Well, there are all kinds of very progressive shops in the mainframe base and a lot of 'em long since figure out that if they want to have their mainframes play ball in the Unix arena, they are often a lot better off doing the Unix type work in a Linux subsystem than wresting with the technically compliant but otherwise Byzantine world of IBM's infusion of Unix APIs and functionality into z/OS. BIND under Linux may or may not provide all the features that IBM got to work with BIND 4 under z/OS, but because BIND is the world standard for name server software and runs on machines as big as mainframes and a small as standalone Windows PCs, there is some advantage is using BINS in a version and an environment where there are a zillion other users. When your enterprise system gets a DNS toothache, it can be handy to know that every kind of help from amateurs with home remedies to the best (and most expensive) DNS dentists in the world have already piled into Linux and Unix space.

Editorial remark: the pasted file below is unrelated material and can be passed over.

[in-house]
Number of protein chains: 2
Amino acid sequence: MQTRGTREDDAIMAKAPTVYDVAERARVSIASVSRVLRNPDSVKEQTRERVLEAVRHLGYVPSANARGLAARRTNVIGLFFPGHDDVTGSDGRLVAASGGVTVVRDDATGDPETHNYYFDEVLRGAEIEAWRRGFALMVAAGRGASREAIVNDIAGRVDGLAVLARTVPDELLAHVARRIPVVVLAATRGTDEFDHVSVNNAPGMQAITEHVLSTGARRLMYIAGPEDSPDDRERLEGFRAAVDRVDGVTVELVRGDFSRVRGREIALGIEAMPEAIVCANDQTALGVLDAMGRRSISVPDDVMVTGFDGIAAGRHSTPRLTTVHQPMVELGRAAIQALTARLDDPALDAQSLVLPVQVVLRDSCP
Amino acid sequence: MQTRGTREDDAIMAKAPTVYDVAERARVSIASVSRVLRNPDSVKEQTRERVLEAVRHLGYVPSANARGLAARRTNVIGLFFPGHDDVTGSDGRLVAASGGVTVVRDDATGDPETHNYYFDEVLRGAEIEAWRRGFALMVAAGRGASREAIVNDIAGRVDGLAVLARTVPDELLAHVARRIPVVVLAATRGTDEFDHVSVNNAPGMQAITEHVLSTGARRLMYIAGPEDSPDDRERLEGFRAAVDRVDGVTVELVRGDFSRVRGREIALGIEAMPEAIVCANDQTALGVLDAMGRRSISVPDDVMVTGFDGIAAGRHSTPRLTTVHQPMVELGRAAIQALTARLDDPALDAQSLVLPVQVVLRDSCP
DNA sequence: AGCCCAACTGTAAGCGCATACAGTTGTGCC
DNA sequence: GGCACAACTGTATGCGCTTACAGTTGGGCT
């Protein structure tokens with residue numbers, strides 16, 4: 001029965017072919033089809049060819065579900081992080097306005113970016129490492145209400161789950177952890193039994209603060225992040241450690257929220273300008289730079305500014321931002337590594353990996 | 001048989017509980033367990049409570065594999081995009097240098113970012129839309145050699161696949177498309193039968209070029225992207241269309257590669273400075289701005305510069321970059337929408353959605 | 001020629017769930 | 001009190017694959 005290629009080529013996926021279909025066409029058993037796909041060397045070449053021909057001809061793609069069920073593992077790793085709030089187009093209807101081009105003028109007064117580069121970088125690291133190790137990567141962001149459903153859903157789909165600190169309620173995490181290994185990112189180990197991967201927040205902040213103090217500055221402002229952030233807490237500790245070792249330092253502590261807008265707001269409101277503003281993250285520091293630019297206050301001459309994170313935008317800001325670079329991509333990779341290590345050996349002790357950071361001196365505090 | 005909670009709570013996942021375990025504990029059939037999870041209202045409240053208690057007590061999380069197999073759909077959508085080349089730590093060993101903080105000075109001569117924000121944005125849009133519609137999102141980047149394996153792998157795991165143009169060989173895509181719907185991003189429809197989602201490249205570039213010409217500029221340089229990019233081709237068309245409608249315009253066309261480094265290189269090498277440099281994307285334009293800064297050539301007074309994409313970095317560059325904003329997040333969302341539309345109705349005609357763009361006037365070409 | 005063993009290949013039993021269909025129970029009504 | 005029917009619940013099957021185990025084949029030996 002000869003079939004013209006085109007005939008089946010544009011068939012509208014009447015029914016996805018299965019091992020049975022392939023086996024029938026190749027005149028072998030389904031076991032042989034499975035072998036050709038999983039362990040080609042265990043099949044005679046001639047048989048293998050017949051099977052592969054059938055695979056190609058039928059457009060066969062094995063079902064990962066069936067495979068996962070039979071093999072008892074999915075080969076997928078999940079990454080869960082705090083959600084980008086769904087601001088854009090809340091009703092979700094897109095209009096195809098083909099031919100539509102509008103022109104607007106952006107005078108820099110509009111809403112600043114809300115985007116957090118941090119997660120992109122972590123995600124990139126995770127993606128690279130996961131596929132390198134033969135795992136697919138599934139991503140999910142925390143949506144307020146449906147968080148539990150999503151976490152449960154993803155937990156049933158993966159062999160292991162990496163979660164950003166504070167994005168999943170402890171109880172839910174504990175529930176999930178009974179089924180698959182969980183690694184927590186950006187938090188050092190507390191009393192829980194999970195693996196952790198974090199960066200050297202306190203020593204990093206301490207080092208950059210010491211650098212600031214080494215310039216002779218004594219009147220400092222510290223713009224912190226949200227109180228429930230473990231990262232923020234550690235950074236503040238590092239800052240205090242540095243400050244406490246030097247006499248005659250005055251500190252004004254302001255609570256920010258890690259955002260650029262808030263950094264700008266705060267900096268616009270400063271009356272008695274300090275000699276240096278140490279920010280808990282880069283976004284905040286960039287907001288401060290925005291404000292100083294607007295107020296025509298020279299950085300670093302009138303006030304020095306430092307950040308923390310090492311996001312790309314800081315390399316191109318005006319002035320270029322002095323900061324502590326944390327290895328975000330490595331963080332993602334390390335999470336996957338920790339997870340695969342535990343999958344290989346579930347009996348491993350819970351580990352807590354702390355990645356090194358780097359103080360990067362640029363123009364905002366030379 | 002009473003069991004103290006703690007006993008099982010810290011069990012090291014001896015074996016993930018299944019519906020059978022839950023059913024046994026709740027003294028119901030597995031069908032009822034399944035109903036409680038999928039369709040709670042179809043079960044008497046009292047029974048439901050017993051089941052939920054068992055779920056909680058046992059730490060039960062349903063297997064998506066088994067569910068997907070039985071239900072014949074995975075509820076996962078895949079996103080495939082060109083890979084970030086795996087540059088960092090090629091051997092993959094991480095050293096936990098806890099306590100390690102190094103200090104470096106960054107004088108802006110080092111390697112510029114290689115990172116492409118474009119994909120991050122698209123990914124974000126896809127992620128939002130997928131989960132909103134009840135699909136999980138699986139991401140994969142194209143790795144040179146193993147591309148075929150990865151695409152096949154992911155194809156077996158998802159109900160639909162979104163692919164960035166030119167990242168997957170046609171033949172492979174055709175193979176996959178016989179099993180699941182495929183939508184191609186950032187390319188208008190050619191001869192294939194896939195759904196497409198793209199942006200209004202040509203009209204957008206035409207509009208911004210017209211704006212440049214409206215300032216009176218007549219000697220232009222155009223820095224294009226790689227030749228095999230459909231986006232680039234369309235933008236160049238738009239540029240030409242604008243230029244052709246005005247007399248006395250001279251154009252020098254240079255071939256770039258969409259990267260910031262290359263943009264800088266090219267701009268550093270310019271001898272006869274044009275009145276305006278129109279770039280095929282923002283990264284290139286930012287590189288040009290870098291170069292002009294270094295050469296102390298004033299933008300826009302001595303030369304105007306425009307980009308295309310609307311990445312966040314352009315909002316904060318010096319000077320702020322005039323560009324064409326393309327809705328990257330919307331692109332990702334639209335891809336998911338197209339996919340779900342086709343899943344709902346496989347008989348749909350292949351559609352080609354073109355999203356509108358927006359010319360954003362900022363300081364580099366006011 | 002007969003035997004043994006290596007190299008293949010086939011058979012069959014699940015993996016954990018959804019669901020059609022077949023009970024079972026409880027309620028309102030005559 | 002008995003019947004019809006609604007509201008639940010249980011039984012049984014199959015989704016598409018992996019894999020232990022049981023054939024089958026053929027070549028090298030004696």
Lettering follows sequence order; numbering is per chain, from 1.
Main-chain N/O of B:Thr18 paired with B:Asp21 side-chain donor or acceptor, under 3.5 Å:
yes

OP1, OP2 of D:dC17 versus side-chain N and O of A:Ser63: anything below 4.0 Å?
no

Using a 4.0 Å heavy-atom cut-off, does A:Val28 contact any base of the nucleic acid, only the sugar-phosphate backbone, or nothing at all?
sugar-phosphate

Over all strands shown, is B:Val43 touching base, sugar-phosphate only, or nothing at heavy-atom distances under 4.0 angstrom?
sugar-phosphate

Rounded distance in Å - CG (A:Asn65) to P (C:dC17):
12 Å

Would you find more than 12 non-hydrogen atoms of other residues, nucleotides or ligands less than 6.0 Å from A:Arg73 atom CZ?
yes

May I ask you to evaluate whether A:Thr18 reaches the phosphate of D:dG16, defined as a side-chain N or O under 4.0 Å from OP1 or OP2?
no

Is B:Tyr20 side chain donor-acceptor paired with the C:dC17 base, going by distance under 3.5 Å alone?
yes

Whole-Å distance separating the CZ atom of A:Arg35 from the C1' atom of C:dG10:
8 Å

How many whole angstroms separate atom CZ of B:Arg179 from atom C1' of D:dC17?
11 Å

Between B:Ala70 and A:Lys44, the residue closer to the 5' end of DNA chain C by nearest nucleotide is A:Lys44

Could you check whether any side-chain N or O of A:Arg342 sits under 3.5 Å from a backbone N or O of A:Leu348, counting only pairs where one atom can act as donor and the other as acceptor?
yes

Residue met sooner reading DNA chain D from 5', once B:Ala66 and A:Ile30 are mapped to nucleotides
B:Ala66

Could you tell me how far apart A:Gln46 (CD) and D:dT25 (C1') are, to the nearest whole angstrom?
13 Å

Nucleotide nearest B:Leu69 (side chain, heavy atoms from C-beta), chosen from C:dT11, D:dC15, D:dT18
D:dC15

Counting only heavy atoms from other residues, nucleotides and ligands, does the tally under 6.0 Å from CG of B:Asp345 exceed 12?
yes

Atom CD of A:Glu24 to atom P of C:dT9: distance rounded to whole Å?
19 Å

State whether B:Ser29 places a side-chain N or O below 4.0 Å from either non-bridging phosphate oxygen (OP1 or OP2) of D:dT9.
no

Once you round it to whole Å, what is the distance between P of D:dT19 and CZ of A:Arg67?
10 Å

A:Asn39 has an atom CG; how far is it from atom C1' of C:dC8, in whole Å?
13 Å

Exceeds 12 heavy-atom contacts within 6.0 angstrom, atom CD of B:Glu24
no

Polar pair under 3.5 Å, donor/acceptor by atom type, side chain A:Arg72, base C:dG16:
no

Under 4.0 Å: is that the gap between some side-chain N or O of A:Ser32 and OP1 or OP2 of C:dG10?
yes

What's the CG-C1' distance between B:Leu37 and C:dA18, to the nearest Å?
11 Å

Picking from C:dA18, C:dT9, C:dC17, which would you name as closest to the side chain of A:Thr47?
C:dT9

In this instance, good systems strategy boils down to a choice between the z/OS way, which IBM does indeed document and support if you are adept at locating the information, or the z/Linux way, which requires an initial investment in new knowledge but provides a link to a vastly larger and more diverse pool of talent.
Any mainframe shop that doesn't have an interest in reworking its network architecture and which is happily running an old (and maybe even unsupported) version of z/OS would be wise to think about the BIND factor when contemplating any migration to current systems software. If that shop simply has no idea if is using BIND functions that might vanish during an upgrade, which may well be the case, the only way to find out about possible pitfalls might be to bring up an entire enterprise under the new z/OS. If BIND 4 isn't there, and the workload needs it, everyone watching the test will find out soon enough.
The BIND example is just one of many. A related situation that doesn't give users the choice between a new version under z/OS or a new version under z/Linux arises when a mainframe is given the job of assigning IP numbers to clients on a corporate network. A DHCP server, a program that, like BIND, also has roots in Unixland, does this job.
IBM used to package a DHCP server with BIND and a bunch of other goodies in its Communications Server for z/OS bundle. But that's going to end, or at least IBM is threatening to kill it off. On August 7, in ivory 207-175 IBM issued a death threat. If you want your mainframe to provide DHCP services, you had better do it under z/Linux, according to the ivory.